For a unique index, there is one ROWID per data value. For a non-unique index, the ROWID is included in the key in sorted order, so non-unique indexes are sorted by the index key and ROWID. Key values containing all nulls are not indexed, except for cluster indexes. Two rows can both contain all nulls and not violate a unique index.
The B*-tree structure has the following advantages:
Figure 5 - 8. Clustered Table Data
Because clusters store related rows of different tables together in the same data blocks, properly used clusters offer two primary benefits:
To identify data that would be better stored in clustered form than non-clustered, look for tables that are related via referential integrity constraints and tables that are frequently accessed together using a join. If you cluster tables on the columns used to join table data, you reduce the number of data blocks that must be accessed to process the query; all the rows needed for a join on a cluster key are in the same block. Therefore, performance for joins is improved. Similarly, it might be useful to cluster an individual table. For example, the EMP table could be clustered on the DEPTNO column to cluster the rows for employees in the same department. This would be advantageous if applications commonly process rows department by department.
Like indexes, clusters do not affect application design. The existence of a cluster is transparent to users and to applications. You access data stored in a clustered table via SQL just like data stored in a non-clustered table.
For more information about the performance implications of using clusters, see Oracle7 Server Tuning.
When you create a cluster, specify the average amount of space required to store all the rows for a cluster key value using the SIZE parameter of the CREATE CLUSTER command. SIZE determines the maximum number of cluster keys that can be stored per data block.
For example, if each data block has 1700 bytes of available space and the specified cluster key size is 500 bytes, each data block can potentially hold rows for three cluster keys. If SIZE is greater than the amount of available space per data block, each data block holds rows for only one cluster key value.
Although the maximum number of cluster key values per data block is fixed by SIZE, Oracle does not actually reserve space for each cluster key value nor does it guarantee the number of cluster keys that are assigned to a block. For example, if SIZE determines that three cluster key values are allowed per data block, this does not prevent rows for one cluster key value from taking up all of the available space in the block. If more rows exist for a given key than can fit in a single block, the block is chained, as necessary.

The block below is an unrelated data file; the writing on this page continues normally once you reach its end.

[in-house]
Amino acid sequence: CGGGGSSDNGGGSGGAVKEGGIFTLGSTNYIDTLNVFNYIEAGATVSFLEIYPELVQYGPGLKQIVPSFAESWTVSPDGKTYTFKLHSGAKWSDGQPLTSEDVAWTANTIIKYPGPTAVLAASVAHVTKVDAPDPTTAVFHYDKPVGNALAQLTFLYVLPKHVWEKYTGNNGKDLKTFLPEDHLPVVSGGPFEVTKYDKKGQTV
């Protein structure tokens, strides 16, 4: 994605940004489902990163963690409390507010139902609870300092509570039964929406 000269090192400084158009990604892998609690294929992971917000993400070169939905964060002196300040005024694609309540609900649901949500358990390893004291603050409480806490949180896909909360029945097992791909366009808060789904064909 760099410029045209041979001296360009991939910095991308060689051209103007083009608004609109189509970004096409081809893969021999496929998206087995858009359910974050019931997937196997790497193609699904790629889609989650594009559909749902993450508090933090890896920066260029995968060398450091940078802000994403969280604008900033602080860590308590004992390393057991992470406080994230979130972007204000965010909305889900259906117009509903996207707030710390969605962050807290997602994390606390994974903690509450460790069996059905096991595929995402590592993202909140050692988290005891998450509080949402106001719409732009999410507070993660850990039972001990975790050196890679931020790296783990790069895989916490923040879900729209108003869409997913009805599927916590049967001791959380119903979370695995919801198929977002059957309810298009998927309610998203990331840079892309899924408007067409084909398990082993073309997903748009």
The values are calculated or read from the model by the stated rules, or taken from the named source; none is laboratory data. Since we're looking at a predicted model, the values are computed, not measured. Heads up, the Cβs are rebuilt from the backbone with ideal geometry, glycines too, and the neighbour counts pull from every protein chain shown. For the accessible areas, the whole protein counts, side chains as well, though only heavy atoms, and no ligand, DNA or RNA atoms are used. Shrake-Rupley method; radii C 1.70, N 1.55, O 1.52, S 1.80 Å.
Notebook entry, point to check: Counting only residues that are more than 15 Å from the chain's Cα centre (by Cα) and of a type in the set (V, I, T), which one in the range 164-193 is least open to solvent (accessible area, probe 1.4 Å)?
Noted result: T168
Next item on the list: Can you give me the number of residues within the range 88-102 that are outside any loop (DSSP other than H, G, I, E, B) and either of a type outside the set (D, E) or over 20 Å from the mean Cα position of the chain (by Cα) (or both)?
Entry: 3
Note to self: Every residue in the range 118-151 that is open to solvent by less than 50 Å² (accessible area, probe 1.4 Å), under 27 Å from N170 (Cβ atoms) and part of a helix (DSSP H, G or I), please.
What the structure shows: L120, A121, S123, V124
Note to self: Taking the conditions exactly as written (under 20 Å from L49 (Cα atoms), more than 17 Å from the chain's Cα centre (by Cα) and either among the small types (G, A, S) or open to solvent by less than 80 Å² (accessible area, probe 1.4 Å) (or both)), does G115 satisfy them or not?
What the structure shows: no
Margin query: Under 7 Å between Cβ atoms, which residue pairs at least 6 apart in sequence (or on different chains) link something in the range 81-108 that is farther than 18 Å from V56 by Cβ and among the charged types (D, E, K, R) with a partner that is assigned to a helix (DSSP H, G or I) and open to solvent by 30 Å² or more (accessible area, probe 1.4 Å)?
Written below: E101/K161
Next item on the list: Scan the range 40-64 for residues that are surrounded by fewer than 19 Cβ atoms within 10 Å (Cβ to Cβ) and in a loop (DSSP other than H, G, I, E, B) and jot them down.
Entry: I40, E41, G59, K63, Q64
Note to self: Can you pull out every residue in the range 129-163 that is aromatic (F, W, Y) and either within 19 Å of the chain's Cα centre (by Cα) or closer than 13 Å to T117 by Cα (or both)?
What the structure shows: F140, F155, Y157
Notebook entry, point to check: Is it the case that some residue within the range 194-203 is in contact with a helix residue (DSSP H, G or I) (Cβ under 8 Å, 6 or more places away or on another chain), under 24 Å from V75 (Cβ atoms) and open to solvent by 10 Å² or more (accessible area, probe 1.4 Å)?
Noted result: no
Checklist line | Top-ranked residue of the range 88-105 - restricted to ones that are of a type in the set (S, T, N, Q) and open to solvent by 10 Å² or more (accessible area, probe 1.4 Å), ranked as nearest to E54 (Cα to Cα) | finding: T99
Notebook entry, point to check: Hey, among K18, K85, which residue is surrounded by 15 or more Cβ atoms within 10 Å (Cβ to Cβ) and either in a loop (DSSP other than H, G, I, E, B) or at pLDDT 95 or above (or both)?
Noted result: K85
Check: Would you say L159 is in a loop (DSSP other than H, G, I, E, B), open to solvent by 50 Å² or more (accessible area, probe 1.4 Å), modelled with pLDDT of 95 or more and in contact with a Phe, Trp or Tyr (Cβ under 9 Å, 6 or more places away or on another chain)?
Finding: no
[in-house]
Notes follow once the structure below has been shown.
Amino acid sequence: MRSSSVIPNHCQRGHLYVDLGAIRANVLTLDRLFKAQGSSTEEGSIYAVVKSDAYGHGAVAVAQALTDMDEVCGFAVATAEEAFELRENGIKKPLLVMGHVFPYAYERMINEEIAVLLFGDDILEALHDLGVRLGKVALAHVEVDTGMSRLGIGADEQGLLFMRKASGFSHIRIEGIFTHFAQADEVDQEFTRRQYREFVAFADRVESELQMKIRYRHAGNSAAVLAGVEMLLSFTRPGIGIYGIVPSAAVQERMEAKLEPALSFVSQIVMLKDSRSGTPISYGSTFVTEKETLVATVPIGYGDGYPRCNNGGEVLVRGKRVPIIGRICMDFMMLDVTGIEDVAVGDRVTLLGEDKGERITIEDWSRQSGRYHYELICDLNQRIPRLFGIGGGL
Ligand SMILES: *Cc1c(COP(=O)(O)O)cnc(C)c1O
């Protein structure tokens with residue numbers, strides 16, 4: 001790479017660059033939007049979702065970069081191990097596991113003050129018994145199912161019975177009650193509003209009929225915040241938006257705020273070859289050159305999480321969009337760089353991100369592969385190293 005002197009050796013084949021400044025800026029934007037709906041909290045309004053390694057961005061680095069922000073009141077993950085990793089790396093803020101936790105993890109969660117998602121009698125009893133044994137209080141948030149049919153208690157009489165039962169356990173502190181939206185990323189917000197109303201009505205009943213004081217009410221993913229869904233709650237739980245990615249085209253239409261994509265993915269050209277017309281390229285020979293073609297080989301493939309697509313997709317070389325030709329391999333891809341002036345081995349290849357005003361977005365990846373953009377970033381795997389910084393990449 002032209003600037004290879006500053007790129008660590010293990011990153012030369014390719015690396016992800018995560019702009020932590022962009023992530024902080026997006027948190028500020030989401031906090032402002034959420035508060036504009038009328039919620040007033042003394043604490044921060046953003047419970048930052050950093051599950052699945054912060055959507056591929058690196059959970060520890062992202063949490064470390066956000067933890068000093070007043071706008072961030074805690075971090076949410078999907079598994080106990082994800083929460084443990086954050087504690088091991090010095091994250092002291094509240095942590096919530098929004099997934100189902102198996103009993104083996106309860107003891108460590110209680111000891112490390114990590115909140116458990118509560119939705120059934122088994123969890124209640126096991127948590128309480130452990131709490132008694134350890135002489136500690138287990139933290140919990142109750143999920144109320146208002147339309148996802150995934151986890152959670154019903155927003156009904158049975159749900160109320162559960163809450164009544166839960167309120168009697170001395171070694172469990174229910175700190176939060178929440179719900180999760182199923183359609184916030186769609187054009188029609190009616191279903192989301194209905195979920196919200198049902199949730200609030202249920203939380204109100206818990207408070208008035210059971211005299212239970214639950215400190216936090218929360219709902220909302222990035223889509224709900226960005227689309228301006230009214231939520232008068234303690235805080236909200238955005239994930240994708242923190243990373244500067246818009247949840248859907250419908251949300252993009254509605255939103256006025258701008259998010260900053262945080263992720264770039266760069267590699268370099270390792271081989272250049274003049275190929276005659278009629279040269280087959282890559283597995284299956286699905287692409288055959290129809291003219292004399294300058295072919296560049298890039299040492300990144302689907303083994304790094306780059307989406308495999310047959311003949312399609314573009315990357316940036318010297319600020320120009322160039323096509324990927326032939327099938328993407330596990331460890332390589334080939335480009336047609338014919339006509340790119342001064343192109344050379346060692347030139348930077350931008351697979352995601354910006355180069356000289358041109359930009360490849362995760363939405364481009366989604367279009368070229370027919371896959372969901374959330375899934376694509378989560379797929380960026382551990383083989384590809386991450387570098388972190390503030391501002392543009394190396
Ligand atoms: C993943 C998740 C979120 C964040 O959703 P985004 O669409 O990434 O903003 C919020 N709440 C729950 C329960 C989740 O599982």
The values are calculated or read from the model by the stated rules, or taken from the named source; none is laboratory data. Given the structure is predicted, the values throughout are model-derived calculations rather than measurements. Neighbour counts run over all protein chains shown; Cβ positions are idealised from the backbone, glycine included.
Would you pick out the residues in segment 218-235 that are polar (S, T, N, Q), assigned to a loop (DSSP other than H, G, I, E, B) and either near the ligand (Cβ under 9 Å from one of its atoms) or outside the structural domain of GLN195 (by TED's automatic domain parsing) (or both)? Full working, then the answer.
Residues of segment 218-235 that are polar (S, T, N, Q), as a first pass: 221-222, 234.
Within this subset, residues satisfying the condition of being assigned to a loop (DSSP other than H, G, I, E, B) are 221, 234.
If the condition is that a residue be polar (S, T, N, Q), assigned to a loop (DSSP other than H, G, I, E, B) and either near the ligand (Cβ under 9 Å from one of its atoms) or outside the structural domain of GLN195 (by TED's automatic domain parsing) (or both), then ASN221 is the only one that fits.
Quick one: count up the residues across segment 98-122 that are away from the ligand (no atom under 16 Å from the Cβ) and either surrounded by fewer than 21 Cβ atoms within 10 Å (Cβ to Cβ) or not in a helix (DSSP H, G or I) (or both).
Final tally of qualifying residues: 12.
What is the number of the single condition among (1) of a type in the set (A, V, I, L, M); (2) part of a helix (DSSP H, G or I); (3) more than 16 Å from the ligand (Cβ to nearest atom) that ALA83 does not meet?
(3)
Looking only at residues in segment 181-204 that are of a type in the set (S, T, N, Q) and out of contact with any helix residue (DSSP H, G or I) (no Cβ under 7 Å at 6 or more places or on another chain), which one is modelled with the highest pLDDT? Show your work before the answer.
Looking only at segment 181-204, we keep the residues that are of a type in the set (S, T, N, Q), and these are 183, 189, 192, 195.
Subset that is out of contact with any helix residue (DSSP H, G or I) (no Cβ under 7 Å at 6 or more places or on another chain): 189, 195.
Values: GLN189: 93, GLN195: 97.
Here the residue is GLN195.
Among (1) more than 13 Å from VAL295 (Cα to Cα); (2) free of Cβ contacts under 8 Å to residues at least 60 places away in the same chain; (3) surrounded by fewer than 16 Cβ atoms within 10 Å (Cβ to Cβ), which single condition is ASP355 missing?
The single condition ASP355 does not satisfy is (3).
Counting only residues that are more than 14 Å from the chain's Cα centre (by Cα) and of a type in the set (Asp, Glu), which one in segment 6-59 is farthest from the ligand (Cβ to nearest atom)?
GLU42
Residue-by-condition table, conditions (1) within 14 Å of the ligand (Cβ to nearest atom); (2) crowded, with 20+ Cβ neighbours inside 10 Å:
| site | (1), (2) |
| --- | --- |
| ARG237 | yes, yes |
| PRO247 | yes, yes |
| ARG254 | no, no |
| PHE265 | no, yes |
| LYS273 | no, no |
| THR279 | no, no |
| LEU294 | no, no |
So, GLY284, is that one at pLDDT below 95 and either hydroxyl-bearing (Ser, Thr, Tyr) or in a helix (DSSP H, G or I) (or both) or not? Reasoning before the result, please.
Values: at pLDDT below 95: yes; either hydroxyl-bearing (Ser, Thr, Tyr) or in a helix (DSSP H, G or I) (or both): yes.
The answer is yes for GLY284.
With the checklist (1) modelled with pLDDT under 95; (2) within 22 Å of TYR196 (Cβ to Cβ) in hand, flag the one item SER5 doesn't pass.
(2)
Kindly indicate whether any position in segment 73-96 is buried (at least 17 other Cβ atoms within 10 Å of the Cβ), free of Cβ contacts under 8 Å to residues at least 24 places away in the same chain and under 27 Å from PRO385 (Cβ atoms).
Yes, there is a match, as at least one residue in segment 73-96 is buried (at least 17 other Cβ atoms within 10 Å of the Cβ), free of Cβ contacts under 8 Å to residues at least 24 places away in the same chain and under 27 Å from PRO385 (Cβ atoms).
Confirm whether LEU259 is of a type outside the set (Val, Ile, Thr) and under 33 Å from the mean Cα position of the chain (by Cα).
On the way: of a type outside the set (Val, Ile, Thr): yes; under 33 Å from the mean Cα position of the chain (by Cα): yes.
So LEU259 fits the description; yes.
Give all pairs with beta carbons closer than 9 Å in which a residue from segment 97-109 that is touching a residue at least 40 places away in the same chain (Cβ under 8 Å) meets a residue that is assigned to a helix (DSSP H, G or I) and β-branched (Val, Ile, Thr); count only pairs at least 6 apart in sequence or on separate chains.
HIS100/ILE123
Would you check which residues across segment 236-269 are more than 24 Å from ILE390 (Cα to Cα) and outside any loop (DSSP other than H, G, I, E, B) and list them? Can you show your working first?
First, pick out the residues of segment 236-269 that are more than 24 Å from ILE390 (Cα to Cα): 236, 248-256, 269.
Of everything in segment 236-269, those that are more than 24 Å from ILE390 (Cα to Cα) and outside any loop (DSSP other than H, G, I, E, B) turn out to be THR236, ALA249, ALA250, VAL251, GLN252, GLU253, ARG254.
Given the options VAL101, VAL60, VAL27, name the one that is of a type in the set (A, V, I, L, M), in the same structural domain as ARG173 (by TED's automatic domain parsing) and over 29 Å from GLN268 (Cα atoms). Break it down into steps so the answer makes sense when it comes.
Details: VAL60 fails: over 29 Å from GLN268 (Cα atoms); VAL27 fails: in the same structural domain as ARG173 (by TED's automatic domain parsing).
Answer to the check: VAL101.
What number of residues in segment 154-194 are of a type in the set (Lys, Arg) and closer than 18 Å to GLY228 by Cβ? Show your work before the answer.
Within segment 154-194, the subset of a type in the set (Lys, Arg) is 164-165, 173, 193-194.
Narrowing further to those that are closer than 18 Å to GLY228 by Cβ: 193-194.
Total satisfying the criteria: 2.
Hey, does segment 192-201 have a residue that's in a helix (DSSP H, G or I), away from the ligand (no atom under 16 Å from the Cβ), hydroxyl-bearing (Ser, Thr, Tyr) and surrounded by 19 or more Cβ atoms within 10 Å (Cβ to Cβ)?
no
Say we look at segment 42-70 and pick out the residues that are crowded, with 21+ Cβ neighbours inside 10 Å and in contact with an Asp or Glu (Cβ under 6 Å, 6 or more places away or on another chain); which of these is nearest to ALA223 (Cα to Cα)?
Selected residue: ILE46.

A cluster key value is stored only once in a data block.
For each column specified as part of the cluster key (when creating the cluster), every table created in the cluster must have a column that matches the size and type of the column in the cluster key. No more than 16 columns can form the cluster key, and a cluster key value cannot exceed roughly one-half (minus some overhead) the available data space in a data block. The cluster key cannot include a LONG or LONG RAW column.
You can update the data values in clustered columns of a table. However, because the placement of data depends on the cluster key, changing the cluster key for a row might cause Oracle to physically relocate the row. Therefore, columns that are updated often are not good candidates for the cluster key.
You must create a cluster index before you can execute any DML statements (including INSERT and SELECT statements) against the clustered tables. Therefore, you cannot load data into a clustered table until you create the cluster index.
Like a table index, Oracle stores a cluster index in an index segment. Therefore, you can place a cluster in one tablespace and the cluster index in a different tablespace.
A cluster index is unlike a table index in the following ways:
Oracle uses a hash function to generate a distribution of numeric values, called hash values, which are based on specific cluster key values. The key of a hash cluster (like the key of an index cluster) can be a single column or composite key (multiple column key). To find or store a row in a hash cluster, Oracle applies the hash function to the row's cluster key value; the resulting hash value corresponds to a data block in the cluster, which Oracle then reads or writes on behalf of the issued statement.
A hash cluster is an alternative to a non-clustered table with an index or an index cluster. With an indexed table or index cluster, Oracle locates the rows in a table using key values that Oracle stores in a separate index.
To find or store a row in an indexed table or cluster, at least two I/Os must be performed (but often more): one or more I/Os to find or store the key value in the index, and another I/O to read or write the row in the table or cluster. In contrast, Oracle uses a hash function to locate a row in a hash cluster (no I/O is required). As a result, a minimum of one I/O operation is necessary to read or write a row in a hash cluster.
Note: In contrast, an index cluster stores related rows of clustered tables together based on each row's cluster key value.
When you create a hash cluster, Oracle allocates an initial amount of storage for the cluster's data segment. Oracle bases the amount of storage initially allocated for a hash cluster on the predicted number and predicted average size of the hash key's rows in the cluster.
Figure 5 - 9 illustrates data retrieval for a table in a hash cluster as well as a table with an index. The following sections further explain the internal operations of hash cluster storage.